like everything that is subject to variation, labor has its
average, which justifies us in saying that, on the whole, day's
work pays for day's work, neither more nor less. It is quite
true that, if we compare the products of a certain period of
social life with those of another, the hundred millionth day's
work of the human race will show a result incomparably superior
to that of the first; but it must be remembered also that the
life of the collective being can no more be divided than that of
the individual; that, though the days may not resemble each
other, they are indissolubly united, and that in the sum total of
existence pain and pleasure are common to them. If, then, the
tailor, for rendering the value of a day's work, consumes ten
times the product of the day's work of the weaver, it is as if
the weaver gave ten days of his life for one day of the tailor's.
This is exactly what happens when a peasant pays twelve francs to
a lawyer for a document which it takes him an hour to prepare;
and this inequality, this iniquity in exchanges, is the most
potent cause of misery that the socialists have unveiled,--as the
economists confess in secret while awaiting a sign from the
master that shall permit them to acknowledge it openly.

Every error in commutative justice is an immolation of the
laborer, a transfusion of the blood of one man into the body of
another. . . . . Let no one be frightened; I have no intention
of fulminating against property an irritating philippic;
especially as I think that, according to my principles, humanity
is never mistaken; that, in establishing itself at first upon the
right of property, it only laid down one of the principles of its
future organization; and that, the preponderance of property once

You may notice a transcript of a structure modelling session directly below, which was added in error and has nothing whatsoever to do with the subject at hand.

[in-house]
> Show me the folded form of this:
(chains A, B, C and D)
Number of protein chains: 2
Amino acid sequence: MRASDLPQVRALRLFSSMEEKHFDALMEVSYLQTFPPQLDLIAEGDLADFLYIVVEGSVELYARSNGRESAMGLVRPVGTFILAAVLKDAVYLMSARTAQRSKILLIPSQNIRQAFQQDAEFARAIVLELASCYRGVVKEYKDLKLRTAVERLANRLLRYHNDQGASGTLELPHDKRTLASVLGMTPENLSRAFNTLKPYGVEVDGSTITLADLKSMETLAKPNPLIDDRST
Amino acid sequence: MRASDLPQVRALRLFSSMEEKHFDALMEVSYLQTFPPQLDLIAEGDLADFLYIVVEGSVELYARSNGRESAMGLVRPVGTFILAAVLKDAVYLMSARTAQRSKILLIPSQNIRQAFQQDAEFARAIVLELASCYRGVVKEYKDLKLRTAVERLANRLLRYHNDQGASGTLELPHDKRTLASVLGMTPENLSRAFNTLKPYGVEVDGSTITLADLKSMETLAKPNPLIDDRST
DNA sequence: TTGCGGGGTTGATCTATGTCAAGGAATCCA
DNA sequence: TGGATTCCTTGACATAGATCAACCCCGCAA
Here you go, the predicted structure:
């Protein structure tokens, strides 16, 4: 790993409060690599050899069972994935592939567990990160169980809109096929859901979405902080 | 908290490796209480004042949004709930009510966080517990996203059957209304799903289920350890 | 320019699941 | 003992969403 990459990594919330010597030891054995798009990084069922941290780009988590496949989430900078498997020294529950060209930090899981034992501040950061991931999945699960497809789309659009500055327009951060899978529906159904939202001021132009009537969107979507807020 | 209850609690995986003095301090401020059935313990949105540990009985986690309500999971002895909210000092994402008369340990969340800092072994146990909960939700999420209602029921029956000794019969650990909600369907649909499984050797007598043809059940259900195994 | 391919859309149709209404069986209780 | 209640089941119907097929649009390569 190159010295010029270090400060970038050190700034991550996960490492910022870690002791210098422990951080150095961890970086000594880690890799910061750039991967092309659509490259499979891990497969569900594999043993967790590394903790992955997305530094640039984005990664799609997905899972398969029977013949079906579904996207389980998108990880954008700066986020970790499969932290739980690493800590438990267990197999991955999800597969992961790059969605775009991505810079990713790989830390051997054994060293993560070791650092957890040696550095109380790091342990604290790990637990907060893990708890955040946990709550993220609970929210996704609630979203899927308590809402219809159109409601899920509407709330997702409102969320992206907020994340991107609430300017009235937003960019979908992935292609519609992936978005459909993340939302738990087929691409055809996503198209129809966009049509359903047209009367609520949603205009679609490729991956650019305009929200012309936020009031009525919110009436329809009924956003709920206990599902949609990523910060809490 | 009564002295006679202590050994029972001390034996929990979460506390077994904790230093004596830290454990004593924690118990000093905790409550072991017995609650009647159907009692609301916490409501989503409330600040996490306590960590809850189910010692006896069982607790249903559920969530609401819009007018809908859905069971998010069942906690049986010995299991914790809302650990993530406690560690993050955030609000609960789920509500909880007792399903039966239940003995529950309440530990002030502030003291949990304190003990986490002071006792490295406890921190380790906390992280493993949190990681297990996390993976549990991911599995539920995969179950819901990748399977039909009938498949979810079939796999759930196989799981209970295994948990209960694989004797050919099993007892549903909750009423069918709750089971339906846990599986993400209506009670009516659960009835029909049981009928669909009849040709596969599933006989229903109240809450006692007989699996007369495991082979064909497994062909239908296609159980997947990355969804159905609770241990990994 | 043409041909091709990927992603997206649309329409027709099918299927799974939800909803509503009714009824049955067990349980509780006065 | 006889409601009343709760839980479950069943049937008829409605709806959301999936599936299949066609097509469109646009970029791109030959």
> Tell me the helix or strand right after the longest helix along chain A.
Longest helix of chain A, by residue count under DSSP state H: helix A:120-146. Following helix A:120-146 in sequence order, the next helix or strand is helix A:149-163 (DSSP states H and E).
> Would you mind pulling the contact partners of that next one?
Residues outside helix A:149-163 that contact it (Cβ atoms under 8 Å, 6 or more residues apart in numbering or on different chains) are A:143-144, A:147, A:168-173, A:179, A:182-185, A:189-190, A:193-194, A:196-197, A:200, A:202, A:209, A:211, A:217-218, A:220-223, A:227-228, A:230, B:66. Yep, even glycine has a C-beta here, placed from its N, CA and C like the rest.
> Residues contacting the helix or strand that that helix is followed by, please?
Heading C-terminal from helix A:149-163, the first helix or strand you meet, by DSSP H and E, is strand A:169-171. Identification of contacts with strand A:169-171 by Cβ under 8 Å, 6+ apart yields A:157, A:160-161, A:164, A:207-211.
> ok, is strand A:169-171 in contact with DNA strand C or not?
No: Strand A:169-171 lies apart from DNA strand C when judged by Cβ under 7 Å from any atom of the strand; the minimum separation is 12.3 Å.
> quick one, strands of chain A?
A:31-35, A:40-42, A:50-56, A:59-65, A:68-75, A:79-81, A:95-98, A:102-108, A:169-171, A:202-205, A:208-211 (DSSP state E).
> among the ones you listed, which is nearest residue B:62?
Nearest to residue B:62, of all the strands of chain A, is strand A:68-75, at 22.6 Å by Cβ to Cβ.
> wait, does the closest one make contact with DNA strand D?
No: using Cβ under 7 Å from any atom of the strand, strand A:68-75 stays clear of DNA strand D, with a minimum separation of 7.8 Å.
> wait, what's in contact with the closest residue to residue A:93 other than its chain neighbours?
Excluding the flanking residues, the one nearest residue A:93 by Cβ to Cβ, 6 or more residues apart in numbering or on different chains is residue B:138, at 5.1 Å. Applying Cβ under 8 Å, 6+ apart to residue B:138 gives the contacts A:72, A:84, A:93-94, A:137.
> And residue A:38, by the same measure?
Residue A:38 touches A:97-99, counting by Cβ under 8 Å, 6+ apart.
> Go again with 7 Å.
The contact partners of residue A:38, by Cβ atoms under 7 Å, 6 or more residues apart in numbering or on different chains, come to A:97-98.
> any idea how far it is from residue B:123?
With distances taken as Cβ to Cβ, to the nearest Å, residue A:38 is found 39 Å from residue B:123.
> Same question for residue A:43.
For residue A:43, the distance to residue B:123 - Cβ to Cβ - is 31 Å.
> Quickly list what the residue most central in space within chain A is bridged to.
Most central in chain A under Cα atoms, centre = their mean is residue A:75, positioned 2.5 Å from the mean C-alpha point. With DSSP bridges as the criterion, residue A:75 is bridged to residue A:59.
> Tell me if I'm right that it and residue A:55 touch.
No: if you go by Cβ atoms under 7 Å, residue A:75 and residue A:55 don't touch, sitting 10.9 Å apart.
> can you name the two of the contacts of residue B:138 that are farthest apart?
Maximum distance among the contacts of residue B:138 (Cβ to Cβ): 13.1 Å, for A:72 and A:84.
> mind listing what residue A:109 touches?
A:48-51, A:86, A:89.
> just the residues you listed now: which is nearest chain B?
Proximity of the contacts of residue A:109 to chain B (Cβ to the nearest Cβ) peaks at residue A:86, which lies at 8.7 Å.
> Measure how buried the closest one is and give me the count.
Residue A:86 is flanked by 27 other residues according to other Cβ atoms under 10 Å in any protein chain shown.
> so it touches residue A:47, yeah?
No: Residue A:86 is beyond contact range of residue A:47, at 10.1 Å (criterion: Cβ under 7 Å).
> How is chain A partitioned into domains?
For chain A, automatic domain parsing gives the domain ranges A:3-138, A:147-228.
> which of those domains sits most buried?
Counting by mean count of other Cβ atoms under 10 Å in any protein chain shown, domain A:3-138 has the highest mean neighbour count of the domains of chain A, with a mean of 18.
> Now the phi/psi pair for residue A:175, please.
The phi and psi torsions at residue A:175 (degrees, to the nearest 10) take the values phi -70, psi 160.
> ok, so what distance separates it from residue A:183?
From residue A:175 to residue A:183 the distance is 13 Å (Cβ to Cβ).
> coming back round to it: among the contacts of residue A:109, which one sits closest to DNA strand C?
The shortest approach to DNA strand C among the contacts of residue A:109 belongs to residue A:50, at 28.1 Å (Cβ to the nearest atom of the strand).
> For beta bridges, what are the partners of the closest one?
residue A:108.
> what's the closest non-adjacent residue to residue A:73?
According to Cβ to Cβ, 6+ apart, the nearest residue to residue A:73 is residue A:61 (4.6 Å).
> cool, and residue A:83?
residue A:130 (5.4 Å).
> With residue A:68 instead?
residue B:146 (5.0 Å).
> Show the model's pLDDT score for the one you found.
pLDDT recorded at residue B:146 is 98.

destroyed, it remains only to reduce this famous antithesis to
unity. All the objections that can be offered in favor of
property I am as well acquainted with as any of my critics, whom
I ask as a favor to show their hearts when logic fails them. How
can wealth that is not measured by labor be VALUABLE? And if it
is labor that creates wealth and legitimates property, how
explain the consumption of the idler? Where is the honesty in a
system of distribution in which a product is worth, according to
the person, now more, now less, than it costs.

Say's ideas led to an agrarian law; therefore, the conservative
party hastened to protest against them. "The original source of
wealth," M. Rossi had said, "is labor. In proclaiming this great
principle, the industrial school has placed in evidence not only
an economic principle, but that social fact which, in the hands
of a skilful historian, becomes the surest guide in following the
human race in its marchings and haltings upon the face of the

Why, after having uttered these profound words in his lectures,
has M. Rossi thought it his duty to retract them afterwards in a
review, and to compromise gratuitously his dignity as a